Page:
Weekly Covid deaths of care home residents ‘at highest level since end of April’

Jemma Crew and Ian Jones, PA
·4-min read

Weekly registered deaths of care home residents involving coronavirus have passed 2,000 and are at their highest level since the end of April, new figures show.

There were 2,364 deaths of care home residents involving Covid-19 in the week ending January 22 in England and Wales, the Office for National Statistics (ONS) said.

This includes residents who died in care homes, hospitals and other settings.

This is up 37.5% from the previous week, and is the highest weekly number since the week ending May 1.

Care home resident deaths involving Covid-19 in England & Wales
(PA Graphics)

The latest weekly figure is also more than three times the 745 care home resident deaths registered in the week ending December 31.

A total of 33,215 care home residents in England and Wales have now had Covid-19 recorded on their death certificate, the ONS said.

Separate Care Quality Commission data shows it was notified of 2,357 deaths of care home residents involving Covid-19 in the week ending January 29.

This is similar to the 2,366 notifications it received in the week ending January 22.

Overall, there were 8,422 deaths registered in England and Wales in the week ending January 22 where Covid-19 was mentioned on the death certificate.

This is up 16.2% from the 7,245 deaths in the week to January 15.

Nearly half (45.1%) of all deaths registered in England and Wales in the week to January 22 mentioned Covid-19 on the death certificate – the highest proportion recorded during the pandemic.

The latest weekly total is the second highest number recorded since the pandemic began, exceeded by the week ending April 24.

(PA Graphics)
(PA Graphics)

All regions of England recorded an increase in registered Covid-19 deaths in the week to January 22, the ONS said.

Three regions saw more than 1,000 Covid-19 deaths registered: south-east England (1,734 deaths – the highest weekly total since the pandemic began); London (1,400 deaths – the highest since the week to April 24 2020); and eastern England (1,216 deaths – the highest since the pandemic began).

London had the highest proportion of deaths involving Covid-19, at 57.9%.

In Wales, the number of deaths involving Covid-19 fell 4.3% to 447 deaths – the first fall since the week ending December 4.

A total of 117,378 deaths had occurred in the UK by January 22 where Covid-19 was mentioned on the death certificate, the ONS said.

Dr Layla McCay, director at the NHS Confederation, said: “These figures, which show the highest proportion of deaths involving Covid recorded during the pandemic, demonstrate the tragic toll the Covid emergency continues to take.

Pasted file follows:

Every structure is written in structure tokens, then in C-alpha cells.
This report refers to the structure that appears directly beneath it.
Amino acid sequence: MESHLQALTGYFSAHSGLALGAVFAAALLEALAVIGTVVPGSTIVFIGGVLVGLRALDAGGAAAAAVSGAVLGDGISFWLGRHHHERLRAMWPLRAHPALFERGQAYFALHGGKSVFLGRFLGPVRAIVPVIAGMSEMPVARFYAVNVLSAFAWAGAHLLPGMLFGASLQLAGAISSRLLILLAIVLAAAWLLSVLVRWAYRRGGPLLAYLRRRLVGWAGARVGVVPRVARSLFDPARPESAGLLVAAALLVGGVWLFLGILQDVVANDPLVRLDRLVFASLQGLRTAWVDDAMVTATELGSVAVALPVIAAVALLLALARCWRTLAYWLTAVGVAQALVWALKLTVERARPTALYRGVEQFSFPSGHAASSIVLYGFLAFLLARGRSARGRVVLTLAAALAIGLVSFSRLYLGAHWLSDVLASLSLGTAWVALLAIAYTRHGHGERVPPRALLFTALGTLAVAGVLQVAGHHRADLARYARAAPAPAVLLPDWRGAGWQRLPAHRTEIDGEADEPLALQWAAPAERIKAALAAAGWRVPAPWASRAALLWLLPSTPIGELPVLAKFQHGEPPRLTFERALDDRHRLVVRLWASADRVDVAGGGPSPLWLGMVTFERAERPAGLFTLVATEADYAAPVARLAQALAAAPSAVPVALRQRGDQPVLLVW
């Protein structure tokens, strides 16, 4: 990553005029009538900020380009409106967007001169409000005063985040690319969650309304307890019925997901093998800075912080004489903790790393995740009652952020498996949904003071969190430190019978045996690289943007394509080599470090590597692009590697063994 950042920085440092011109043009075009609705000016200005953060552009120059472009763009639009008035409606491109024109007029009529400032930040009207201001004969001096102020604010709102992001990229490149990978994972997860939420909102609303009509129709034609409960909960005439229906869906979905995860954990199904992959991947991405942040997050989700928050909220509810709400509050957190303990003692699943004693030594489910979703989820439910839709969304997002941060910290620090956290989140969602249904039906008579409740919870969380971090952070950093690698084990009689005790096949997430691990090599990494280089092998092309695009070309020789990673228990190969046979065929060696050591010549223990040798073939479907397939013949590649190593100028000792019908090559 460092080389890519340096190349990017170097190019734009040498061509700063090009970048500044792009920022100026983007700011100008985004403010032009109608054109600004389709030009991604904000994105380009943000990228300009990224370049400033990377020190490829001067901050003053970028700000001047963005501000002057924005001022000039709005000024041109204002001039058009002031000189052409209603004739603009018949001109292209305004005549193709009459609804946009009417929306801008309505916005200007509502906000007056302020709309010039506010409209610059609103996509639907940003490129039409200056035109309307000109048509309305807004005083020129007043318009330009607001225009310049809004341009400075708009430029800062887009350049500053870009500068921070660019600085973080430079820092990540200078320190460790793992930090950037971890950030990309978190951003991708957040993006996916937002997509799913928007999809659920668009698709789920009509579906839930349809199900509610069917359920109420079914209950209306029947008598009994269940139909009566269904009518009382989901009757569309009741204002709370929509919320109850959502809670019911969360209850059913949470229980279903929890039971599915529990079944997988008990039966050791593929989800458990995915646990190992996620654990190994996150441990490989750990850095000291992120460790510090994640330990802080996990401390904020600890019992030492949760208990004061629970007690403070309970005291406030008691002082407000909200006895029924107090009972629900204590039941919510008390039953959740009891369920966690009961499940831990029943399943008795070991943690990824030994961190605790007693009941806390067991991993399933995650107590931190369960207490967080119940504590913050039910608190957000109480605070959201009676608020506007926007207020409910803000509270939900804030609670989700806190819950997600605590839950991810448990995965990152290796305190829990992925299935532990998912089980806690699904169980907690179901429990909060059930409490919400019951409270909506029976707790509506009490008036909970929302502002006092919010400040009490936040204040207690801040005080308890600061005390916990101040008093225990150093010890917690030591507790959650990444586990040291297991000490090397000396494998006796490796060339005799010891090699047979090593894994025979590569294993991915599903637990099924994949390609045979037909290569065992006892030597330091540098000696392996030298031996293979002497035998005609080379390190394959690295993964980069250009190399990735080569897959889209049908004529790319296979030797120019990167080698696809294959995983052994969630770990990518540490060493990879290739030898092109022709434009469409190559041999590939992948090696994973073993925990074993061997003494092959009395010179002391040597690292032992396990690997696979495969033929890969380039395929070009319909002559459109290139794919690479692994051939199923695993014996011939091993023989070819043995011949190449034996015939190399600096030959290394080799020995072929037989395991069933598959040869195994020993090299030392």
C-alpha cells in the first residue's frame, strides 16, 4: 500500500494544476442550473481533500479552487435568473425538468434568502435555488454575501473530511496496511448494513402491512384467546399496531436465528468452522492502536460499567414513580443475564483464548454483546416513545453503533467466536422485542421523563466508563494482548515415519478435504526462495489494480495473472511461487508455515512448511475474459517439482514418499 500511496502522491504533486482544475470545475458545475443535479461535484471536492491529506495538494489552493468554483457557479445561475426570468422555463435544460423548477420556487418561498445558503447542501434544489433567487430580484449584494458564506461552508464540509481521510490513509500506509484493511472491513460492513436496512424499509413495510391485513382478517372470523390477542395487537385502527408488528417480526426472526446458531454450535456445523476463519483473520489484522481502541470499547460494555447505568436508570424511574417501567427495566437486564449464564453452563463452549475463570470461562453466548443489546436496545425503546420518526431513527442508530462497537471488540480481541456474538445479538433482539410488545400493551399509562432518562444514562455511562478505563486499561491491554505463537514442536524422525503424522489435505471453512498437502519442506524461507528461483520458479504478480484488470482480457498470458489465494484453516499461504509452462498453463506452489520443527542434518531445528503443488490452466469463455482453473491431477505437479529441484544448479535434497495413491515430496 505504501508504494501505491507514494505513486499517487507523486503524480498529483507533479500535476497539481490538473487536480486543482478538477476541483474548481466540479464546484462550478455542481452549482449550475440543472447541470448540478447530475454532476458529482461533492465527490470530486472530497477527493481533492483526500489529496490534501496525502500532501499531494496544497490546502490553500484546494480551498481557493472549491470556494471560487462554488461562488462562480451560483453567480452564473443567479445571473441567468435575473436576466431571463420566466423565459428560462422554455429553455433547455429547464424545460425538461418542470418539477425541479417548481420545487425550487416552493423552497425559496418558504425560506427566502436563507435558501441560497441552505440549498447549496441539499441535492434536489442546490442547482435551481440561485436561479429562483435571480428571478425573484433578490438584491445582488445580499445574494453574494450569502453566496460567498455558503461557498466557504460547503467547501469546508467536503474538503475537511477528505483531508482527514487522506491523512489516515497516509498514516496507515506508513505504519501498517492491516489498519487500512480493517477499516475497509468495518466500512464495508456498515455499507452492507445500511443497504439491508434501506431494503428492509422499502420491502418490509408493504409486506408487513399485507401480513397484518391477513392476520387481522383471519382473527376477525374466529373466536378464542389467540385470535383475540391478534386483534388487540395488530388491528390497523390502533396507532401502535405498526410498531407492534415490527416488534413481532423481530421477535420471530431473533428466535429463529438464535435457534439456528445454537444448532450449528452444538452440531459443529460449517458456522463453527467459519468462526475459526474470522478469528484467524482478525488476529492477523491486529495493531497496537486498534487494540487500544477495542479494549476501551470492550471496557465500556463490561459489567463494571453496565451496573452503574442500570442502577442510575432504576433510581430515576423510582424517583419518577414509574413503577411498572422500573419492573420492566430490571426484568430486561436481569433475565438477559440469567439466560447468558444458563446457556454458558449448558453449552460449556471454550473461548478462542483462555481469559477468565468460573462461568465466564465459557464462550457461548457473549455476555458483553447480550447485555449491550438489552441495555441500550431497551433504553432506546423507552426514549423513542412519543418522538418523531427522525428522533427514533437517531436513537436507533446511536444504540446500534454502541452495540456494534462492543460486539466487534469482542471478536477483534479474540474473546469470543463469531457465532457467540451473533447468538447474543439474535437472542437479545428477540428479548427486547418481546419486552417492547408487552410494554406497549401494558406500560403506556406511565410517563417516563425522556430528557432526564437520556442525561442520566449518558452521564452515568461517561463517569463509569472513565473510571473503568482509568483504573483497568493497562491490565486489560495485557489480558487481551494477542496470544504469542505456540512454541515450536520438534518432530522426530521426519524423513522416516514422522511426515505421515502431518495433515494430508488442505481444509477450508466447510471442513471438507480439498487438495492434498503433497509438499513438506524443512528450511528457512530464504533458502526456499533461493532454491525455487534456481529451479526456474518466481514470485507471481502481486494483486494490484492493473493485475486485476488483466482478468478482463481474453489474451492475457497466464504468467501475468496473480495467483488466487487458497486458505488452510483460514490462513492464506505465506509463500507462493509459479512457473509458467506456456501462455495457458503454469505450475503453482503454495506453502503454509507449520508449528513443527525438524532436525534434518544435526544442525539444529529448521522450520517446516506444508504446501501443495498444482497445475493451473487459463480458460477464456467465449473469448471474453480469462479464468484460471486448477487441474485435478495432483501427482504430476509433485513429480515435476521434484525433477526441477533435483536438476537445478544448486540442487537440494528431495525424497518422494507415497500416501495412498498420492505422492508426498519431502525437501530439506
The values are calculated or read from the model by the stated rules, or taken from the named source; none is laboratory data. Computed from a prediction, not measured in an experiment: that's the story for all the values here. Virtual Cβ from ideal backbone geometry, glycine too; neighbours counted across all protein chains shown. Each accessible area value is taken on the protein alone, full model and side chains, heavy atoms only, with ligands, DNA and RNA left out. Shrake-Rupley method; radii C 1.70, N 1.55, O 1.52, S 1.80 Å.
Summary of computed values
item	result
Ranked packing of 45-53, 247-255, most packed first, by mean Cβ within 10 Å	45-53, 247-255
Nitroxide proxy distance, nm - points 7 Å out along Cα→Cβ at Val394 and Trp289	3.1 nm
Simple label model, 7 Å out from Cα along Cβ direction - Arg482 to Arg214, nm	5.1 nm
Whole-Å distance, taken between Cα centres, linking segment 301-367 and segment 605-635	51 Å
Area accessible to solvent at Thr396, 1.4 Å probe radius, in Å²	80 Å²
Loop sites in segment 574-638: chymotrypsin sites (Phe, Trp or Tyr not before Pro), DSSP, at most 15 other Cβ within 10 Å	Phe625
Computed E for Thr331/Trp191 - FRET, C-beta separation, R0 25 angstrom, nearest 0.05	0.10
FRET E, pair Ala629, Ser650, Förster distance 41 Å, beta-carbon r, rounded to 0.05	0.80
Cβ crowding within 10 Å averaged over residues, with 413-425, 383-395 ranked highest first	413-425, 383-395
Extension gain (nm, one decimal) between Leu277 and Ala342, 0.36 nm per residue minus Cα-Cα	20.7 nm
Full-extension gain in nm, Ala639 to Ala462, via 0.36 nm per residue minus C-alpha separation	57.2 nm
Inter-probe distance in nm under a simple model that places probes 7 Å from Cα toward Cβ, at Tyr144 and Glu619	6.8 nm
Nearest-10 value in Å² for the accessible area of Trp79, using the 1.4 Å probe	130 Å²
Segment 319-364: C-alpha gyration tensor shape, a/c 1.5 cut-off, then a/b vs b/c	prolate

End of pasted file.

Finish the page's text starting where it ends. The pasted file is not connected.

“While there have been early signs in recent days that some of the pressure may be easing, the NHS is far from out of the woods, and while some battles have been won, the war is still raging.

“While the clear progress made on vaccinations is a real NHS success story, health leaders still need more certainty on supplies and delivery logistics, and information on how well the vaccines will guard against important and rapidly spreading new variants like the South African variant.”

Nuffield Trust deputy director of research Sarah Scobie said: “This is a long way from a typical winter. Excess deaths against the five-year average for this time of year are over 40% higher, while London saw twice as many deaths than would have been expected.

“Nearly two-thirds of those dying in hospitals and almost half in care homes are from Covid. As well as the individual tragedies for countless relatives and loved ones, these losses are putting a huge physical and emotional strain on caring staff.

“It now looks like we are passing the peak of daily reported deaths. This peak is yet to unfold in registrations so sadly we are likely to see further rises in these weekly numbers.”

Mike Padgham, chairman of the Independent Care Group (ICG), which represents providers in North Yorkshire, said: “We can never forget that every number represents the loss of loved ones across the country and we cannot become complacent.

“We are getting mixed messages from the Government and some people might get the impression that the worst is now behind us and we can start to return to normality.

“The vaccine is only half the solution; we must all remain on our guard and do everything we can as a country to get these numbers down. We must be patient, keep following the rules and get on top of Covid-19.”

He added: “The vaccination programme is a success so far, but it must not lead to people thinking we are out of this, because as these figures show, we certainly aren’t.”